Monday, 24 April 2017

Ways to Improve SQL Query Performance

Avoid Multiple Joins in a Single Query

Try to avoid writing a SQL query using multiple joins that includes outer joins, cross apply, outer apply and other complex sub queries. It reduces the choices for Optimizer to decide the join order and join type. Sometime, Optimizer is forced to use nested loop joins, irrespective of the performance consequences for queries with excessively complex cross apply or sub queries.

Eliminate Cursors from the Query

Try to remove cursors from the query and use set-based query; set-based query is more efficient than cursor-based. If there is a need to use cursor than avoid dynamic cursors as it tends to limit the choice of plans available to the query optimizer. For example, dynamic cursor limits the optimizer to using nested loop joins.

Avoid Use of Non-correlated Scalar Sub Query

You can re-write your query to remove non-correlated scalar sub query as a separate query instead of part of the main query and store the output in a variable, which can be referred to in the main query or later part of the batch. This will give better options to Optimizer, which may help to return accurate cardinality estimates along with a better plan.

Avoid Multi-statement Table Valued Functions (TVFs)

Multi-statement TVFs are more costly than inline TFVs. SQL Server expands inline TFVs into the main query like it expands views but evaluates multi-statement TVFs in a separate context from the main query and materializes the results of multi-statement into temporary work tables. The separate context and work table make multi-statement TVFs costly.

Creation and Use of Indexes

We are aware of the fact that Index can magically reduce the data retrieval time but have a reverse effect on DML operations, which may degrade query performance. With this fact, Indexing is a challenging task, but could help to improve SQL query performance and give you best query response time.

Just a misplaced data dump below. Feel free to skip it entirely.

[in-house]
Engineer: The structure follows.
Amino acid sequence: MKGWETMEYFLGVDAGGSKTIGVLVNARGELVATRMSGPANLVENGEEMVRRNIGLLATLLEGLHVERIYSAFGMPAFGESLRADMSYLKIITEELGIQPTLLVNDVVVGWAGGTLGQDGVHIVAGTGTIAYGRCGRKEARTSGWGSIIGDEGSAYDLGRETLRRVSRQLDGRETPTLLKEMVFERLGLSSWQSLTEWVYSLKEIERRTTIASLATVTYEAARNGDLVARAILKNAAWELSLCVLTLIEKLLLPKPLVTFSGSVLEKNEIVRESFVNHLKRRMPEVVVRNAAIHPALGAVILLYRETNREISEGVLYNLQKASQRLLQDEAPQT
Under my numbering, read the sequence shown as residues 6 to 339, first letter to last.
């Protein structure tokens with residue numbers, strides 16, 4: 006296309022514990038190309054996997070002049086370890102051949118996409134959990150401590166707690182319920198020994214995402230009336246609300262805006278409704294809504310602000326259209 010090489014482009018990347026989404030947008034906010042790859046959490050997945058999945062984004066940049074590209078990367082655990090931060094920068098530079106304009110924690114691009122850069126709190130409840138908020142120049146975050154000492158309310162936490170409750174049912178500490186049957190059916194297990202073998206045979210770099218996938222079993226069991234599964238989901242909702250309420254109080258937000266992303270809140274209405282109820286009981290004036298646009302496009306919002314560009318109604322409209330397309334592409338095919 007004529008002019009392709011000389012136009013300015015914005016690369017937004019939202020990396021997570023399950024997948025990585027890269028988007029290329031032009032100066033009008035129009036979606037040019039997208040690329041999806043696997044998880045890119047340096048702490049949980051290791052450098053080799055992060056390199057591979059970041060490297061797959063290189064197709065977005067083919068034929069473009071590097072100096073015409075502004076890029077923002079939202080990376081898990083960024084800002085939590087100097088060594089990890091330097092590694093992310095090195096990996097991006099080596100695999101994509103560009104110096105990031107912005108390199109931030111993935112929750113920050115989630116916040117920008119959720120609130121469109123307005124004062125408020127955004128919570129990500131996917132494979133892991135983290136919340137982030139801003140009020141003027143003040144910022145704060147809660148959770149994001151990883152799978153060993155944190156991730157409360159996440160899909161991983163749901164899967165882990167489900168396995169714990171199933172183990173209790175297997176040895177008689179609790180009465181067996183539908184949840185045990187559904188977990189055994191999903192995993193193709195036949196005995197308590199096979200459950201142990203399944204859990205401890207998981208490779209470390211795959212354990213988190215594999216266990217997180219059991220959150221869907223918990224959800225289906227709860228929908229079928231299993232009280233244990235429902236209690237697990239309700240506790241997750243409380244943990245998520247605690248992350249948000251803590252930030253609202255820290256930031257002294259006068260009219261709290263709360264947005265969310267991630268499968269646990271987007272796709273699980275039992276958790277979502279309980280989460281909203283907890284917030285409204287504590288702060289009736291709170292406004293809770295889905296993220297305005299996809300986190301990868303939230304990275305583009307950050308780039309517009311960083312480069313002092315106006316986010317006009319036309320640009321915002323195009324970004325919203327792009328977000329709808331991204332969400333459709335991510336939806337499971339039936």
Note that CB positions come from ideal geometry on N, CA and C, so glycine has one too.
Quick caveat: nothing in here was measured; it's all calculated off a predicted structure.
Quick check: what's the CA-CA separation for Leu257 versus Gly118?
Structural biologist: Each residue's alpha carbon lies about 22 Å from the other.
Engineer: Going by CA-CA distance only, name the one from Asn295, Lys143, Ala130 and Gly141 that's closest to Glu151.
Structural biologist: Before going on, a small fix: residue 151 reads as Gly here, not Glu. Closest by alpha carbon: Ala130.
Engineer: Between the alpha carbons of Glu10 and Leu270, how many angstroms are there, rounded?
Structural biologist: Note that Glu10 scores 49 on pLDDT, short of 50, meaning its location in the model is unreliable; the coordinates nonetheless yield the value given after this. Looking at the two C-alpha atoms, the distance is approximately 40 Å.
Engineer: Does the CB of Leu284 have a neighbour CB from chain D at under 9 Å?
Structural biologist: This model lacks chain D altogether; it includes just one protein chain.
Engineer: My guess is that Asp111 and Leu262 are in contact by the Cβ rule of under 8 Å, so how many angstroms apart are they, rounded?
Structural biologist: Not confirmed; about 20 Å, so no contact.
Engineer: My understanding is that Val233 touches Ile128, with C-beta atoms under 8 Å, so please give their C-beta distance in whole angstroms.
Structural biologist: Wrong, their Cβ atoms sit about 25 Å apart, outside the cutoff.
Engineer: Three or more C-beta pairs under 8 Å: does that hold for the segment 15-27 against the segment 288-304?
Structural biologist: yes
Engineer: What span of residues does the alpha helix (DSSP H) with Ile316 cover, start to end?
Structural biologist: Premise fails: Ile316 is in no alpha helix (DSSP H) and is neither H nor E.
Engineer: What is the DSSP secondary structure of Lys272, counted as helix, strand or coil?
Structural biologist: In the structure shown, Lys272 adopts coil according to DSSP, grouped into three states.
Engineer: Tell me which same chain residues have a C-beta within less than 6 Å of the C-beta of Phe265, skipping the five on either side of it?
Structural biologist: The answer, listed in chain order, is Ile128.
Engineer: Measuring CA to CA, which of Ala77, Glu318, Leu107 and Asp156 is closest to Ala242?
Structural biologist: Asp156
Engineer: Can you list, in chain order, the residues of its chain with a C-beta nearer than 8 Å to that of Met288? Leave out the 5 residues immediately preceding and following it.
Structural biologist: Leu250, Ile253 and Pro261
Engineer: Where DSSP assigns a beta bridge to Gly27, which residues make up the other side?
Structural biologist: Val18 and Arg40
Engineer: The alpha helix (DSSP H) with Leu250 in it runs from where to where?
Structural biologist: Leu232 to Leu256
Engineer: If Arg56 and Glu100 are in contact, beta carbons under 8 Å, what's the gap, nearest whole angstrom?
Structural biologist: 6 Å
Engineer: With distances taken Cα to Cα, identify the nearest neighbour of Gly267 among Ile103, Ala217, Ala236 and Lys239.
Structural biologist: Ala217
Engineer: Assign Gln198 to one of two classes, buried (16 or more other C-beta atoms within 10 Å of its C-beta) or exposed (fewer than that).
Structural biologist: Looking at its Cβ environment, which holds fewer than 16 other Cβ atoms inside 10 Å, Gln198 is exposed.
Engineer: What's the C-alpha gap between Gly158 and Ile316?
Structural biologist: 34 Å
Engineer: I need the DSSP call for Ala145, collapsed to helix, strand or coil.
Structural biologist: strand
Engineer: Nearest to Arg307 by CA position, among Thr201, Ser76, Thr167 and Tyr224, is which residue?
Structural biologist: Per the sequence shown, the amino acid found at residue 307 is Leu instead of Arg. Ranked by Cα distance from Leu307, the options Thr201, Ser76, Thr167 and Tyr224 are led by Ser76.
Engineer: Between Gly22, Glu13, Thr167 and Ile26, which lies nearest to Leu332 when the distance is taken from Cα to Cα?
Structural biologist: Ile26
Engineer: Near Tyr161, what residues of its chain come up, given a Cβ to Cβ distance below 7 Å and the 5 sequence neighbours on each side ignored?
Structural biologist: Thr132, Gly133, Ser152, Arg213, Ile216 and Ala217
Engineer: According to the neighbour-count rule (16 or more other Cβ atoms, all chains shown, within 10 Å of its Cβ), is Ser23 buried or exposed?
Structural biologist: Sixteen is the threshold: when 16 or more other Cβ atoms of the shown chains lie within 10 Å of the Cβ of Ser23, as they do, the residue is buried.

Understand the Data

Understand the data, its type and how queries are being performed to retrieve the data before making any decision to create an index. If you understand the behavior of data thoroughly, it will help you to decide which column should have either a clustered index or non-clustered index. If a clustered index is not on a unique column then SQL Server will maintain uniqueness by adding a unique identifier to every duplicate key, which leads to overhead. To avoid this type of overhead choose the column correctly or make the appropriate changes.

Create a Highly Selective Index

Selectivity define the percentage of qualifying rows in the table (qualifying number of rows/total number of rows). If the ratio of the qualifying number of rows to the total number of rows is low, the index is highly selective and is most useful. A non-clustered index is most useful if the ratio is around 5% or less, which means if the index can eliminate 95% of the rows from consideration. If index is returning more than 5% of the rows in a table, it probably will not be used; either a different index will be chosen or created or the table will be scanned.

Position a Column in an Index

Order or position of a column in an index also plays a vital role to improve SQL query performance. An index can help to improve the SQL query performance if the criteria of the query matches the columns that are left most in the index key. As a best practice, most selective columns should be placed leftmost in the key of a non-clustered index.

Drop Unused Indexes

Dropping unused indexes can help to speed up data modifications without affecting data retrieval. Also, you need to define a strategy for batch processes that run infrequently and use certain indexes. In such cases, creating indexes in advance of batch processes and then dropping them when the batch processes are done helps to reduce the overhead on the database.

Don’t Access More Data Than You Need
Don’t return more columns or rows of data to the client than absolutely necessary. This just increases disk I/O on the server

Try to use with no lock option

Always use the option “SET NOCOUNT ON”


Post a Comment


ADO .Net (2) Ajax (1) Angular Js (17) Angular2 (24) ASP .Net (14) Azure (1) Breeze.js (1) C# (49) CloudComputing (1) CMS (1) CSS (2) Design_Pattern (3) DI (3) Dotnet (21) Entity Framework (3) ExpressJS (4) Html (3) IIS (1) Javascript (6) Jquery (9) Lamda (3) Linq (11) Mongodb (1) MVC (48) NodeJS (7) RDLC (1) Report (1) Sql Server (29) SSIS (3) SSRS (2) UI (1) WCF (12) Web Api (9) Web Service (1) XMl (1)